At Psychology Today, Molly Castelloe points out: “The blogosphere is abuzz with a recent breast-feeding fatwa or religious ruling in the Saudi world.

Sheik Abdel Mohsen Obeikan, a scholar and consultant at Saudi Arabia’s royal court, called for women to give breast milk to their drivers and male coworkers in order to avoid illicit mixing of the sexes. Yes, you heard me. [Emphasis added]

According to conservative Islamic tradition, if a woman breast-feeds a man five times they are considered “relatives” rather than potential lovers. They are therefore allowed to intermingle or be alone together. This milk-relationship permits other familiarities normally forbidden between an unmarried man and woman: the woman can also remove her veil and reveal her hair.

One’s first impulse is to laugh this off because aside from not constituting actual laws or even decrees, fatwas are sometimes issued by lesser clerics. Thus the Sheik’s affiliation with the Saudi Arabian court makes this somewhat troubling. In fact, Ms. Castelloe continues:

Religious and political leaders in the Arab world declare that recent fatwa practices are causing a crisis in Islam because they promote extremist thought and intolerance. … This mammary madness, which fueled a week’s worth of headlines in the oil-rich Saudi kingdom, highlights the challenges some Muslim scholars face as they strive to interpret their faith — while also preserving balance and flexibility in Islamic law.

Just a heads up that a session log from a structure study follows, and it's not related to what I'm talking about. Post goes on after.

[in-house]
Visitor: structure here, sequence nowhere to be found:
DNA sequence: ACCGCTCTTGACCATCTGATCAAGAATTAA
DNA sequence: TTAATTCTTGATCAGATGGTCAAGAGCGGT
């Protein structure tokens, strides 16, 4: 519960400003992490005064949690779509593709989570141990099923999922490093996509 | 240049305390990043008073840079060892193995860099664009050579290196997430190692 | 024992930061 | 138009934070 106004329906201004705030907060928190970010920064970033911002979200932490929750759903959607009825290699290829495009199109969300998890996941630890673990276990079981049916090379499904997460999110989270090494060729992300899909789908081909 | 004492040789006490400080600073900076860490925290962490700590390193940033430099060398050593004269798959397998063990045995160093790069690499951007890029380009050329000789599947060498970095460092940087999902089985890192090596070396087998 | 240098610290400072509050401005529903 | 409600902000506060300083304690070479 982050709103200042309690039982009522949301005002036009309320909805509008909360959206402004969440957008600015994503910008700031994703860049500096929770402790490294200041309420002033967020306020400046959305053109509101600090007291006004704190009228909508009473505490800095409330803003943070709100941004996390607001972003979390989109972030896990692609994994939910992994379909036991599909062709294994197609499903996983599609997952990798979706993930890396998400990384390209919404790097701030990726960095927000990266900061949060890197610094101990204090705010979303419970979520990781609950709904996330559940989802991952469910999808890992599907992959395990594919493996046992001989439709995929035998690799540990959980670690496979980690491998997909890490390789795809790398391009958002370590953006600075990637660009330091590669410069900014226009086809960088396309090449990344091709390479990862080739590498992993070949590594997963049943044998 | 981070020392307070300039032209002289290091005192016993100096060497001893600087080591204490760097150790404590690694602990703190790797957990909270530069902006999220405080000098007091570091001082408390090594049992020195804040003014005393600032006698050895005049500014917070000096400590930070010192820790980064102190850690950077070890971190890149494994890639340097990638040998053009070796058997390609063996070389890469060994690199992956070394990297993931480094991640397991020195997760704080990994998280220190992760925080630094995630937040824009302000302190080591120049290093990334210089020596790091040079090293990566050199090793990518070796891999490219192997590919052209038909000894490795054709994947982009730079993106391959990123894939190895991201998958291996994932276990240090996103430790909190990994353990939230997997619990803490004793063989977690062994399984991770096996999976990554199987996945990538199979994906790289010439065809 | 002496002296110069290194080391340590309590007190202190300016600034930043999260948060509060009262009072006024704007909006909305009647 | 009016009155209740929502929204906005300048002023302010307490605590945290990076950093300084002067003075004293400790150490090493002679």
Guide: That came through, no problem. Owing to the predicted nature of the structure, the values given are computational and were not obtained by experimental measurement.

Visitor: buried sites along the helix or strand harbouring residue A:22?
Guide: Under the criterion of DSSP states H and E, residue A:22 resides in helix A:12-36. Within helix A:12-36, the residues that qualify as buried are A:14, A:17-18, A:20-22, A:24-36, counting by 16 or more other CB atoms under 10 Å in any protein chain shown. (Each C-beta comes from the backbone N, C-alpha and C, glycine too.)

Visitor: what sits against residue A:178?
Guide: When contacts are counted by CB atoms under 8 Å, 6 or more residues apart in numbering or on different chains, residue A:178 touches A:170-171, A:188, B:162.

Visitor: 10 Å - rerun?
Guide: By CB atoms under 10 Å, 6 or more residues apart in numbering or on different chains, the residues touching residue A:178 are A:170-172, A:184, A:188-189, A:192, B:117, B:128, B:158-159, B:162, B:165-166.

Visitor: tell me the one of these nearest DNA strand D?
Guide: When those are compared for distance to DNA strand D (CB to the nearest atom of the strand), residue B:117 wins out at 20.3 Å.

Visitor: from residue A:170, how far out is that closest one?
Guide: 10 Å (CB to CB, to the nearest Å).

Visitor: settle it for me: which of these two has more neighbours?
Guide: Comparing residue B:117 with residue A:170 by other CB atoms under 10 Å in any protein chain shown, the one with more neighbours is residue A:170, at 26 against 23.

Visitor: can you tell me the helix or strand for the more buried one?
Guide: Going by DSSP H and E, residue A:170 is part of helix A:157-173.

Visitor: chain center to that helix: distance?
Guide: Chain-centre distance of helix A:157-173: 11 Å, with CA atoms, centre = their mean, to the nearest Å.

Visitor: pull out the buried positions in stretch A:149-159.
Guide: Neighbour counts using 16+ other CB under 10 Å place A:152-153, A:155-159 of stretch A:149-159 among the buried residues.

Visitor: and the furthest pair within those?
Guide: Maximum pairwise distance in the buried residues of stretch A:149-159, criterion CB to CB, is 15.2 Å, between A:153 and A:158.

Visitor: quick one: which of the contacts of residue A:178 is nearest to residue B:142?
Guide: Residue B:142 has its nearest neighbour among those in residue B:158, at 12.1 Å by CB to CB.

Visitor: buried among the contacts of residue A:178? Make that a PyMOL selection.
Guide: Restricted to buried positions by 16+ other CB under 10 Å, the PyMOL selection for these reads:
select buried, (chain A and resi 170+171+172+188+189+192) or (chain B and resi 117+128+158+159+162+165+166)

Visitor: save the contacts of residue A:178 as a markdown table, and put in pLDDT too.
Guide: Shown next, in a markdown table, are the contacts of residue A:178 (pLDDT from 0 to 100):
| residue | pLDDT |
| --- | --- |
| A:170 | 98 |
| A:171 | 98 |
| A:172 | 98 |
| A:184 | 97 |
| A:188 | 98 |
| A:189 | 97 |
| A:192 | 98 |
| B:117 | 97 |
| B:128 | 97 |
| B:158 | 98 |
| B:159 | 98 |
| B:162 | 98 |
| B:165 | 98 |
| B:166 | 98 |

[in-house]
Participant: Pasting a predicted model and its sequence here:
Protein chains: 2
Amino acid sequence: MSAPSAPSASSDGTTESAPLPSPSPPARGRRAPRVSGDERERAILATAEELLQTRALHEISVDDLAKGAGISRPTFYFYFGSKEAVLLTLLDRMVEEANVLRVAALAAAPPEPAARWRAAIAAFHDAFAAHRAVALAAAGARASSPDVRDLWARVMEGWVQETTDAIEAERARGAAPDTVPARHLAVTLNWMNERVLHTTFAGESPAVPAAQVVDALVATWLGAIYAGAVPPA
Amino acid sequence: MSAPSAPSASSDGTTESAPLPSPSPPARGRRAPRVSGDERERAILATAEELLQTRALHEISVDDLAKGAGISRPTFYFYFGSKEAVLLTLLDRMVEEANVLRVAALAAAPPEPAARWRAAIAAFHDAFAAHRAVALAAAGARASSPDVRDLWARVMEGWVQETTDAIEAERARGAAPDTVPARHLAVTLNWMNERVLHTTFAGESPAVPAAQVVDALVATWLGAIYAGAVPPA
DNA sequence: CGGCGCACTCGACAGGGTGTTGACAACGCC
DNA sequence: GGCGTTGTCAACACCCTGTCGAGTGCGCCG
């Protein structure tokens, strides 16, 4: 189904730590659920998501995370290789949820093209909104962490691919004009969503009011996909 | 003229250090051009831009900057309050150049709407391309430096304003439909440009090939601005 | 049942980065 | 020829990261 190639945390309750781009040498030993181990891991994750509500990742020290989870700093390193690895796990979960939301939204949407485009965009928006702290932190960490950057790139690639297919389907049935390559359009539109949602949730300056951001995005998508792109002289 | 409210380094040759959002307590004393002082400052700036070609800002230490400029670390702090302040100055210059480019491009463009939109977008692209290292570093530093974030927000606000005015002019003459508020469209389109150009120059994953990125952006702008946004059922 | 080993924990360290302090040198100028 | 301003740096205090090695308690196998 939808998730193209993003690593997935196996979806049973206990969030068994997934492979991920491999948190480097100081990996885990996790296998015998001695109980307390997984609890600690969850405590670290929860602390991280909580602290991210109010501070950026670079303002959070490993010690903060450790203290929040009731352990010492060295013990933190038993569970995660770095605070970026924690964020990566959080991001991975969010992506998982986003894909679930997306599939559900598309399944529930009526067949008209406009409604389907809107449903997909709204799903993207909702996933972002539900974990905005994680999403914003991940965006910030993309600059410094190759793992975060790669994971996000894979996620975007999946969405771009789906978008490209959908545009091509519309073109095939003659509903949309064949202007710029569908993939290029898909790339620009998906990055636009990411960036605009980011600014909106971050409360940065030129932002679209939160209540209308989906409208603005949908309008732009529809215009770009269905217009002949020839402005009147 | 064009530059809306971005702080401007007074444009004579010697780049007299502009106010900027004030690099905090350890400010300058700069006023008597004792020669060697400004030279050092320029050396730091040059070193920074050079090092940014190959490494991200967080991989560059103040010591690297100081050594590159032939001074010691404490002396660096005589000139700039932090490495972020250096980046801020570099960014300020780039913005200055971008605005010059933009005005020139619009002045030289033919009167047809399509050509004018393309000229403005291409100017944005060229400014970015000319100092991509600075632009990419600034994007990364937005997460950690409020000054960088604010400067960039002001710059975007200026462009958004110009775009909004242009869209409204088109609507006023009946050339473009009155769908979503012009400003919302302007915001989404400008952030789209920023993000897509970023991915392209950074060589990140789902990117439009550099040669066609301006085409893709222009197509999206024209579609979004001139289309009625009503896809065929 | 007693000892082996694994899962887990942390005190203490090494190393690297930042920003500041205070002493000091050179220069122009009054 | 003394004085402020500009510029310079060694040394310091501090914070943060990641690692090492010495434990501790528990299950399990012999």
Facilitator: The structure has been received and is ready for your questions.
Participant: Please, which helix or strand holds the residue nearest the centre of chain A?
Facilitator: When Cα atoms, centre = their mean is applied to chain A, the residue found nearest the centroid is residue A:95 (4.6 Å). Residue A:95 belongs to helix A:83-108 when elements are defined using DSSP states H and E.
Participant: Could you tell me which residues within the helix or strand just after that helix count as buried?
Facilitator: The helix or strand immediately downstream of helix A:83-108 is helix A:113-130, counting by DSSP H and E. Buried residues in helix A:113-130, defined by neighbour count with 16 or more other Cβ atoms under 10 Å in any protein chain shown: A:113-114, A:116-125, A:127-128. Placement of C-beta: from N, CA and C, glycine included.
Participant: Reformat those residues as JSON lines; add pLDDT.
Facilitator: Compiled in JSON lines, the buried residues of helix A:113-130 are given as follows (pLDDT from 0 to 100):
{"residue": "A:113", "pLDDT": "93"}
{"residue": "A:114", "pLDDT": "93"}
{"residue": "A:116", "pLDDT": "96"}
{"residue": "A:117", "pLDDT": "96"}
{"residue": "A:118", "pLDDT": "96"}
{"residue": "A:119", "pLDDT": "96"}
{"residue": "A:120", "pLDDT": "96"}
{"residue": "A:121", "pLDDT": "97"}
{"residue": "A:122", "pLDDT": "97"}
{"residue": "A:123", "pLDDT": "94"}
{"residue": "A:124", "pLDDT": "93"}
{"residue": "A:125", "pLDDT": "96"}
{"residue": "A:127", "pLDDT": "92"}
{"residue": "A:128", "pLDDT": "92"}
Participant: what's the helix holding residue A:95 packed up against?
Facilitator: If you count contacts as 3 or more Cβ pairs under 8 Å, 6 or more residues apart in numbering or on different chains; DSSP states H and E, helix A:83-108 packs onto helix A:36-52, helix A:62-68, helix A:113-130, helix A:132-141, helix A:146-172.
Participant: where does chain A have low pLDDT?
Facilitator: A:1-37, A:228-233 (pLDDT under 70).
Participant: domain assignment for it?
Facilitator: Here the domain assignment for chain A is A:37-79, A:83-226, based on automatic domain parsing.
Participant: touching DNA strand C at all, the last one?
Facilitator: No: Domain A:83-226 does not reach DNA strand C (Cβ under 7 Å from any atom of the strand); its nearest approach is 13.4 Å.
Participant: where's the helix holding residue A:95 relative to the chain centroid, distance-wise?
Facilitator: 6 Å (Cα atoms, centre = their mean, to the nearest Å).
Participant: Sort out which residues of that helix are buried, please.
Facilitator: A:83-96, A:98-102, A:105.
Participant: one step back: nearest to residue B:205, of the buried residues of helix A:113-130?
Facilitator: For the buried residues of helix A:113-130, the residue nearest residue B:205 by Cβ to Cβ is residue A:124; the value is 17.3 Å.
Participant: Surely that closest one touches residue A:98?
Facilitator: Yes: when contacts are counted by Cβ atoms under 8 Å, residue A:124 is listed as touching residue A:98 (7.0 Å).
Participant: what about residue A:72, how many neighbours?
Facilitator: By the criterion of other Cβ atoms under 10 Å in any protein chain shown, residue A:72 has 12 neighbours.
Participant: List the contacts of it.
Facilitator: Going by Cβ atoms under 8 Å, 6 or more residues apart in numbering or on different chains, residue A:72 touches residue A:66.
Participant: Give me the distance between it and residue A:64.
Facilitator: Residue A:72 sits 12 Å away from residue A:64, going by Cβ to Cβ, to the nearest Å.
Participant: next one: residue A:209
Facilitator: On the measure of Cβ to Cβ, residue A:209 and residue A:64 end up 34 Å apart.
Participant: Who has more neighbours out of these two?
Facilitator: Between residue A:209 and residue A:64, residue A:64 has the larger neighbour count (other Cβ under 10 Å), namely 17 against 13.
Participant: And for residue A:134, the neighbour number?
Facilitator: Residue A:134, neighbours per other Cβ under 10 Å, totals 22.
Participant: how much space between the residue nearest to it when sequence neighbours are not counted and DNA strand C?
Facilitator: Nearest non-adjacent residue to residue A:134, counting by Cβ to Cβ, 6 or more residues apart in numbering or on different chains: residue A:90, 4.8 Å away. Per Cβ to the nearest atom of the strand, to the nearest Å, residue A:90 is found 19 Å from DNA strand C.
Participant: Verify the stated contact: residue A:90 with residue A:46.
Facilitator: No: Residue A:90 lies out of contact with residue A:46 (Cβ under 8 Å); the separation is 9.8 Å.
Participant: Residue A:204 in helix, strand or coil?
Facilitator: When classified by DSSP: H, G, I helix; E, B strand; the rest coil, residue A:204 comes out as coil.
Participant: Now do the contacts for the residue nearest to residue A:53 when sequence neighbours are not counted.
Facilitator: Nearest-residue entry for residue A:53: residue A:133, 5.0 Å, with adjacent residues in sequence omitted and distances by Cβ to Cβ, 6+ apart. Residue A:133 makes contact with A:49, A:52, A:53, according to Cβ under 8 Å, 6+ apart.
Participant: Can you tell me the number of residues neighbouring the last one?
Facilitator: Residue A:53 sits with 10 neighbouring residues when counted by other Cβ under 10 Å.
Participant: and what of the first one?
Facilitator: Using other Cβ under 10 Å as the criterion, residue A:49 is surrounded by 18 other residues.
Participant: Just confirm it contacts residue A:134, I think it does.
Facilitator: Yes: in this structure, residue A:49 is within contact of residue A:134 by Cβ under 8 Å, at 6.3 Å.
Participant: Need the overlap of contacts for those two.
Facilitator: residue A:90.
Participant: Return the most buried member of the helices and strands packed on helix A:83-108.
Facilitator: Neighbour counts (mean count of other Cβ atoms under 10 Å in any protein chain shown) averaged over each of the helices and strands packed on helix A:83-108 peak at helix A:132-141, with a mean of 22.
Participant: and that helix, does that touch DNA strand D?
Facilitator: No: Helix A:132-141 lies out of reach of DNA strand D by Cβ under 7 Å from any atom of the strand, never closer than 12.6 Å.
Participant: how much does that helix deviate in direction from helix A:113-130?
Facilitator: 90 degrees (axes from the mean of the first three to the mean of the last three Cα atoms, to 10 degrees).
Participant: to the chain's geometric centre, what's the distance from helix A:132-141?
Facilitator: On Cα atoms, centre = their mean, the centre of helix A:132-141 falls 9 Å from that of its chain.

Incidentally, lest I be accused of bias towards Islam, this kind of arcanery is common to all religions. It’s a men’s sport, of course. I urge Focal Point readers to read the rest of the Psychology Today post and see if you agree (with me, anyway) that the more deeply “theologians” such as the Sheikh explore the recesses of their minds, the farther they move from spirituality. Kindly respond in the comments section.

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